2020 Election Series: Congress & House Odds For Reps & Dems

History has a way of repeating itself so at the onset of this series we first need to account for the type of cycle this one happens to be. It’s a reelection bid for an incumbent Republican President. In these cycles, the average outcome shows that there's no net change in the Senate and Republicans going nine seats in the House.

Republicans currently control the Senate with 53 seats. Should the typical outcome occur for this type of cycle, Republicans would retain control of the Senate. Likewise, even if Republicans were to gain the average of nine seats typically gained during this type of cycle, Democrats who have a majority in the House by 38 seats, would retain control. We enter this election cycle with the status quo, split control of Congress, being the most likely outcome this year.

If there’s to be a change in congressional control Democrats will need to net four total senate seats if President Trump is reelected or three is Joe Biden is elected. A total of 35 senate seats are up for election this year, 23 are held by Republicans, meaning there’s more opportunity for Democrats to potentially flip seats than for Republicans to gain ground. Of course, in the House, all seats are up for election every two years.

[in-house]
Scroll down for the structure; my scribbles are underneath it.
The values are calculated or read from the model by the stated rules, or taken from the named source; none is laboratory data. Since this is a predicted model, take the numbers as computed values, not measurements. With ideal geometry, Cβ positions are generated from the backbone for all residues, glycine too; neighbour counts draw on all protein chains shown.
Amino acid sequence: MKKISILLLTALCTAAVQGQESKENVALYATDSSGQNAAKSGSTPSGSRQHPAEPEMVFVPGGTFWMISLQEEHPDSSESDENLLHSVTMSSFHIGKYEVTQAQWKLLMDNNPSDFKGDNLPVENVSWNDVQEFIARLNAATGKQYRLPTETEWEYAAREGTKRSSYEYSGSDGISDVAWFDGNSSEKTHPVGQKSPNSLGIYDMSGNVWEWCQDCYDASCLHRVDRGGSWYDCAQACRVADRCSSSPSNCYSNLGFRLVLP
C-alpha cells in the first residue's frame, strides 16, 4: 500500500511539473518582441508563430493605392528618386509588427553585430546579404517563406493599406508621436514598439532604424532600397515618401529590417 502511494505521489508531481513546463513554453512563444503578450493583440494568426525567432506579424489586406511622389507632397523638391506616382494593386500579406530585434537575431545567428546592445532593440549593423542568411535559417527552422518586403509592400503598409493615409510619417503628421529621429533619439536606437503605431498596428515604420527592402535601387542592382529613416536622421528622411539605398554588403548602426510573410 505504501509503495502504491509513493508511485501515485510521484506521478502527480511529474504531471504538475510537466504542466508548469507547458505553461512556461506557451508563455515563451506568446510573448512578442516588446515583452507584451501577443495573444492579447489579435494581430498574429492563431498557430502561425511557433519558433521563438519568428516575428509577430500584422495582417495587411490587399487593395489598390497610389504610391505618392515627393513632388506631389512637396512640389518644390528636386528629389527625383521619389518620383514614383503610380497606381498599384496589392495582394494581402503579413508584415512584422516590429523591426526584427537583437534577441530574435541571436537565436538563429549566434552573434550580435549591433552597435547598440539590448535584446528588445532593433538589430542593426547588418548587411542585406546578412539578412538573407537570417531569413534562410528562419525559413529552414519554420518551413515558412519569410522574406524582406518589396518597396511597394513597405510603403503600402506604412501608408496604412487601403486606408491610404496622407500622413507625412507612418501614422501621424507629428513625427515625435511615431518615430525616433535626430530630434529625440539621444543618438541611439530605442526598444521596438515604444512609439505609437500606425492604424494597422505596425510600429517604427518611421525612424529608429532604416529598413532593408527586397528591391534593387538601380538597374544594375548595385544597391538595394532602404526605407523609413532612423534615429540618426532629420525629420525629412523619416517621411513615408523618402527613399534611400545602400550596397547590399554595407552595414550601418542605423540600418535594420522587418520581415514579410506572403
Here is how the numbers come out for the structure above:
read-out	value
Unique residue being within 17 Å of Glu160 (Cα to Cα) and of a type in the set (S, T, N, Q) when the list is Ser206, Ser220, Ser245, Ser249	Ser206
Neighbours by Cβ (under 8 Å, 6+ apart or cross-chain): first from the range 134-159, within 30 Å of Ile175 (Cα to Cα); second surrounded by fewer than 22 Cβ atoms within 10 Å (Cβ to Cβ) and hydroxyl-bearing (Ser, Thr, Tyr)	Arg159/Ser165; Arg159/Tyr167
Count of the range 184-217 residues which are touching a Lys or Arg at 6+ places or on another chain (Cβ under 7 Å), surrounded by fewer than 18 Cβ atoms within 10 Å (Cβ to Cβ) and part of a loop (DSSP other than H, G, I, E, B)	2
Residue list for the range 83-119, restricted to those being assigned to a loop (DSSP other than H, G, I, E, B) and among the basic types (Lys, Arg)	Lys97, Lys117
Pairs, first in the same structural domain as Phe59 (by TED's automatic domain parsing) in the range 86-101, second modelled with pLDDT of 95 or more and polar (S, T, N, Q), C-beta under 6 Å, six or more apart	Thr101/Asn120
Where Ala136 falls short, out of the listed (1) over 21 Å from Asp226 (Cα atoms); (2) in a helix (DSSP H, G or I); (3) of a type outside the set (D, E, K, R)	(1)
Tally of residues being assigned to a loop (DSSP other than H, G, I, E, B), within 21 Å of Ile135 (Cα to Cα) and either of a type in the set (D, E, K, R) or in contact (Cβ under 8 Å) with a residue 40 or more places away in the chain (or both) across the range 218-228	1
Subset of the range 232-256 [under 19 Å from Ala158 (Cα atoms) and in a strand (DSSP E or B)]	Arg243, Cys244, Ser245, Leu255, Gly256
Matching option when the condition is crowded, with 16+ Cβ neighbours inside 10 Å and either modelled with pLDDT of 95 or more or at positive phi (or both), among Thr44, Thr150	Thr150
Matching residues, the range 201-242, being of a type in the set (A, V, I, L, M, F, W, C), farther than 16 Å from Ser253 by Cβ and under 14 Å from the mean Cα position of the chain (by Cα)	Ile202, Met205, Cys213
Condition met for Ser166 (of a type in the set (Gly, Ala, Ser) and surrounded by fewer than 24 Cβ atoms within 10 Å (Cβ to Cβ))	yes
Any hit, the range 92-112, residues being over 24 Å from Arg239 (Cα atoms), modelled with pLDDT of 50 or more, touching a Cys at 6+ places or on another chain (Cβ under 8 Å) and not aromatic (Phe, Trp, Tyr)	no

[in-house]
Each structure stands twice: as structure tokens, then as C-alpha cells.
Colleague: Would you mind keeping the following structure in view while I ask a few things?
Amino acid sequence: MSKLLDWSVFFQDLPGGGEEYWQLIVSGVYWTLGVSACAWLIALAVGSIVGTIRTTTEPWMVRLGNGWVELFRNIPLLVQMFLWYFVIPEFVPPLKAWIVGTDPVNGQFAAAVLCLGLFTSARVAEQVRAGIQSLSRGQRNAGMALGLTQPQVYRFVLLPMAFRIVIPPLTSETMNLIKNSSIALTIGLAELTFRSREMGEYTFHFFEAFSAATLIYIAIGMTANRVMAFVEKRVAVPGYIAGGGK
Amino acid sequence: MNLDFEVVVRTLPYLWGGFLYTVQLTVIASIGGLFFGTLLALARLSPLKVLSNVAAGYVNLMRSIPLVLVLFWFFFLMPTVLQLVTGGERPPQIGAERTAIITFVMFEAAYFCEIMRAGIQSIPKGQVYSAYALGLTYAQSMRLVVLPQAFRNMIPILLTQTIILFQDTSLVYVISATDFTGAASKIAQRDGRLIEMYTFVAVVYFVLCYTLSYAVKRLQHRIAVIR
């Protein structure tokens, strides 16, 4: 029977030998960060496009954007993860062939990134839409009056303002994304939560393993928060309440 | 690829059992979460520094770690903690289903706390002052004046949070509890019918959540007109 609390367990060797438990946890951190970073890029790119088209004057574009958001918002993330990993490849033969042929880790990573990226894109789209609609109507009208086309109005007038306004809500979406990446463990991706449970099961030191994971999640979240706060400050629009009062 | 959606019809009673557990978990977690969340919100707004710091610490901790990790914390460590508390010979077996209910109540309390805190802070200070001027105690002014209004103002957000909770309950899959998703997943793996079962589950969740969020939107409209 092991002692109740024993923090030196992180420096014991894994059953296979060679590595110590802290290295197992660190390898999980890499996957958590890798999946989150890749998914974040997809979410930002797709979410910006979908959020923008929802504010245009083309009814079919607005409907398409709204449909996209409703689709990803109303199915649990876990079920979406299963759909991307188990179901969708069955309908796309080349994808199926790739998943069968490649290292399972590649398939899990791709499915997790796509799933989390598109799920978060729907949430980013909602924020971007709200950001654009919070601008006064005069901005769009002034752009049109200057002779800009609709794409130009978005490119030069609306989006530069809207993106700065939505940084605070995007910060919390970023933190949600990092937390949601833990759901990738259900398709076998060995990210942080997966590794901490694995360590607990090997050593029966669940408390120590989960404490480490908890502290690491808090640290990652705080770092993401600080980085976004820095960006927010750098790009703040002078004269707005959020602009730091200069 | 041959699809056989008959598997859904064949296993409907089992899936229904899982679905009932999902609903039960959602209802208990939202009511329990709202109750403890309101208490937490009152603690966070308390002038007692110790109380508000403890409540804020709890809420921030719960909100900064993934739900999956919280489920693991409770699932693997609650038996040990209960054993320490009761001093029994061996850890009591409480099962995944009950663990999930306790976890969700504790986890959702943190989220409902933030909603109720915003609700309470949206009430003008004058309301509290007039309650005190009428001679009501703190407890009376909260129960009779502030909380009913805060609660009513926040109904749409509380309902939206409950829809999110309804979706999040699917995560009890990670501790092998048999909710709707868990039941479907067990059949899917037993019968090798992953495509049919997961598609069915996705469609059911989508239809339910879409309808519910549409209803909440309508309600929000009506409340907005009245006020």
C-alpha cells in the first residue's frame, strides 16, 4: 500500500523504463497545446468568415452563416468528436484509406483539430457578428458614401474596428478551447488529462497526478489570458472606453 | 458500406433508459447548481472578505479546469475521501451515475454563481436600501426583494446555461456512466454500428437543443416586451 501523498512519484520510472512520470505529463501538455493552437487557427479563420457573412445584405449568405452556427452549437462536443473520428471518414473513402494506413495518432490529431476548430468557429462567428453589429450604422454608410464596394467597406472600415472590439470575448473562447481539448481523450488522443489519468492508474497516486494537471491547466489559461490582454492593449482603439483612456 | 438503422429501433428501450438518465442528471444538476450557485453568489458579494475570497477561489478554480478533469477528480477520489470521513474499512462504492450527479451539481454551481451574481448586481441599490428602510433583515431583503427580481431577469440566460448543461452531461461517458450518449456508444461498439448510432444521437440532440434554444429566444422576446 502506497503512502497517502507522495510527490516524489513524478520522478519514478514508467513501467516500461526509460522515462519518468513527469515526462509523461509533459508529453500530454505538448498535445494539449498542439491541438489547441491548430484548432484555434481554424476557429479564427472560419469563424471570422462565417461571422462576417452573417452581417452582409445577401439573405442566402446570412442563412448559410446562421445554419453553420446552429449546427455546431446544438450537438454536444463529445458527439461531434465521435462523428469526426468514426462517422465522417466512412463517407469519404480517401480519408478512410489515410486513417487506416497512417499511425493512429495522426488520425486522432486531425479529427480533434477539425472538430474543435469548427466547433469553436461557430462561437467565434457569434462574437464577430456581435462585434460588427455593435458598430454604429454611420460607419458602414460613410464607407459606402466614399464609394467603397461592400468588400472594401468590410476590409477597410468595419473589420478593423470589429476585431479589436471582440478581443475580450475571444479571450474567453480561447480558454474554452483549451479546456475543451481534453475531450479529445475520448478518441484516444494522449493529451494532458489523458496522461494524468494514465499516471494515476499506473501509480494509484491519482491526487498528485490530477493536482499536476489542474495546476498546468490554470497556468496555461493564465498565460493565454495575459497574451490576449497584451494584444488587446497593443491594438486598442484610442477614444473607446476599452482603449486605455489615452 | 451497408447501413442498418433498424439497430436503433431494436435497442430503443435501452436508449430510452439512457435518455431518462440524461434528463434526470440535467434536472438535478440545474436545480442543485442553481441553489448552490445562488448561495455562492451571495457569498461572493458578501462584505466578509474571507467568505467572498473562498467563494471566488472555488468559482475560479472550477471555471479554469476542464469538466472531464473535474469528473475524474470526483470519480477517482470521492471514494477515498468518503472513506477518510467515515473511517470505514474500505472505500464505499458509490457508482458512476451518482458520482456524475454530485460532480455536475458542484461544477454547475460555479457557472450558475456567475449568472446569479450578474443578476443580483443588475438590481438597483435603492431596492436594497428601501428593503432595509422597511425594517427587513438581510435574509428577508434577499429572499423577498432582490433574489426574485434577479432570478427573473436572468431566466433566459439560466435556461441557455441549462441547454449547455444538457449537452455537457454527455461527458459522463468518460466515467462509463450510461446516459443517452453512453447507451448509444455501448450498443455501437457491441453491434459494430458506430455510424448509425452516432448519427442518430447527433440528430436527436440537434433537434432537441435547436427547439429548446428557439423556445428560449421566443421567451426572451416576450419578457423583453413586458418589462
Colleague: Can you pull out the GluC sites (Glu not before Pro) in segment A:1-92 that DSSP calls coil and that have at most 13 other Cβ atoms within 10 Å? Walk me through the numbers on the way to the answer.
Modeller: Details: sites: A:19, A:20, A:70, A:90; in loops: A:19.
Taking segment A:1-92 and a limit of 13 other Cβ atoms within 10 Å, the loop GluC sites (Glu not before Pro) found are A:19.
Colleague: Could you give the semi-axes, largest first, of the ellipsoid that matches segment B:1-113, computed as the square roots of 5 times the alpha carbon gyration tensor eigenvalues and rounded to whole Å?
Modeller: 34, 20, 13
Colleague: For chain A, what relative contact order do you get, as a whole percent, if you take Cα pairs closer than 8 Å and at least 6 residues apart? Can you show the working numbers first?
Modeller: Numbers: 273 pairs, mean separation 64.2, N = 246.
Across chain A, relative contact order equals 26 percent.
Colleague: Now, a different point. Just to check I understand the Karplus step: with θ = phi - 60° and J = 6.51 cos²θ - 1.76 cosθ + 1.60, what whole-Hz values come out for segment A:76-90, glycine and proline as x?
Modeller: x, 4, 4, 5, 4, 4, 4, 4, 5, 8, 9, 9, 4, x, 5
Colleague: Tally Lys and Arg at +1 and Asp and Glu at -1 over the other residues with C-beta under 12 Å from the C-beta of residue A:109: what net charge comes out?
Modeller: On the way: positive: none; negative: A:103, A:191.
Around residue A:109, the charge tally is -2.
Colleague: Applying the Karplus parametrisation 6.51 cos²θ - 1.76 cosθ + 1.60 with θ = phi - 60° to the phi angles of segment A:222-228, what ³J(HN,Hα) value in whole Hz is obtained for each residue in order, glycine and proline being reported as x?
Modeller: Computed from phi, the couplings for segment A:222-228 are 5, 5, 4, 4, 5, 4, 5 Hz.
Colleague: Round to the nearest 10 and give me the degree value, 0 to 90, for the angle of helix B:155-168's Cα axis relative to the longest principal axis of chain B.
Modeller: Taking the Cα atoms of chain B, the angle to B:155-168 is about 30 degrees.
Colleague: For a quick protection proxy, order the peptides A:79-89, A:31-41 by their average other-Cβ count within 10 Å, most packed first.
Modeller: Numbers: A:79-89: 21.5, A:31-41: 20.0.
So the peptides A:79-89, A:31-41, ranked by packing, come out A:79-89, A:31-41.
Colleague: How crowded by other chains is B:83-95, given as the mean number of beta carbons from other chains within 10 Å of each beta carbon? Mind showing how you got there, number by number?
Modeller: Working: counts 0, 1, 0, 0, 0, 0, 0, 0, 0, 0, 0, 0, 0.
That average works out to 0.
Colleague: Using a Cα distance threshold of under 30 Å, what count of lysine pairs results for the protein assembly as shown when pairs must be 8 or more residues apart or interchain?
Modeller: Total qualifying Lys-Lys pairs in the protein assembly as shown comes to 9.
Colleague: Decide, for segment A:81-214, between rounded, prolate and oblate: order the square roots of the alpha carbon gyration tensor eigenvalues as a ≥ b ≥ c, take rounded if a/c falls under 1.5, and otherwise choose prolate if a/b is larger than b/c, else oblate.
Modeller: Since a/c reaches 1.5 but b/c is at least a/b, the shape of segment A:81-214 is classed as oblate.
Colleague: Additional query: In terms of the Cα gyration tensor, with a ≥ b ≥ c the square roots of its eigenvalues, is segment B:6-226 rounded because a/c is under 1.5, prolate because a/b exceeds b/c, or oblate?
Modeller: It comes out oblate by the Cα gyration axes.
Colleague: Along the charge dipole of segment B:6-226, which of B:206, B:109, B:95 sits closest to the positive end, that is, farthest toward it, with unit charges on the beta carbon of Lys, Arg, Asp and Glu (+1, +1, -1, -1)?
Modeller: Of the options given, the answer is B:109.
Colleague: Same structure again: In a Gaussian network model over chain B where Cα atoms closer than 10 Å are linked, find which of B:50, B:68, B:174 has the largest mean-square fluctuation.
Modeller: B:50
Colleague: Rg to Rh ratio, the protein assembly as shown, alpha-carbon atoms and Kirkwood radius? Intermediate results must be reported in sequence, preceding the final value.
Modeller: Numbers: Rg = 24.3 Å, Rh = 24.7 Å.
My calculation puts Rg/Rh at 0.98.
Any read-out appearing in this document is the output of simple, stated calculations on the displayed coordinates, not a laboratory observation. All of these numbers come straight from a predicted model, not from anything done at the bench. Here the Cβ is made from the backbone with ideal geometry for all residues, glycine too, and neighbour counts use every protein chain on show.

There were 49 races in the House decided by fewer than ten points in 2018. Of those, President Trump fared better than the 2018 Republicans in 38 districts. This includes Trump outright winning 17 districts won by Democrats in 2018. These represent solid pickup opportunities for Republicans this year. With the cycle naturally benefiting Republicans by 9 seats and with President Trump currently polling an average of 1% behind in his final pace in swing states with four years ago, Republicans are currently pacing a gain of 15 to 24 seats this year. With two special election wins thus far in 2020, Republicans now need to flip only 17 seats to gain control of the House. This week’s pacing is two seats worse for Republicans than a week ago. At the low end of the curve, they’d narrowly miss out on control of the in the House. The mid to upper end of the curve would have Republicans narrowly gaining control of the House. 

As for the Senate, Republicans have historically performed 2.6% better than Congressional polls in cycles with an incumbent Republican president running for re-election. If we apply that to an average of current senate polling, Democrats would gain three seats, one more than last week. Were that to occur the winner of the Presidency would determine control of the Senate. Putting the Anatomy of a Swing State analytics together with this story creates a scenario where President Trump is narrowly re-elected, Republicans narrowly win the House and Senate. This is the closest all races have looked since I began tracking a month ago.

Photo by: MANDEL NGAN/AFP via Getty Images

Sponsored Content

Sponsored Content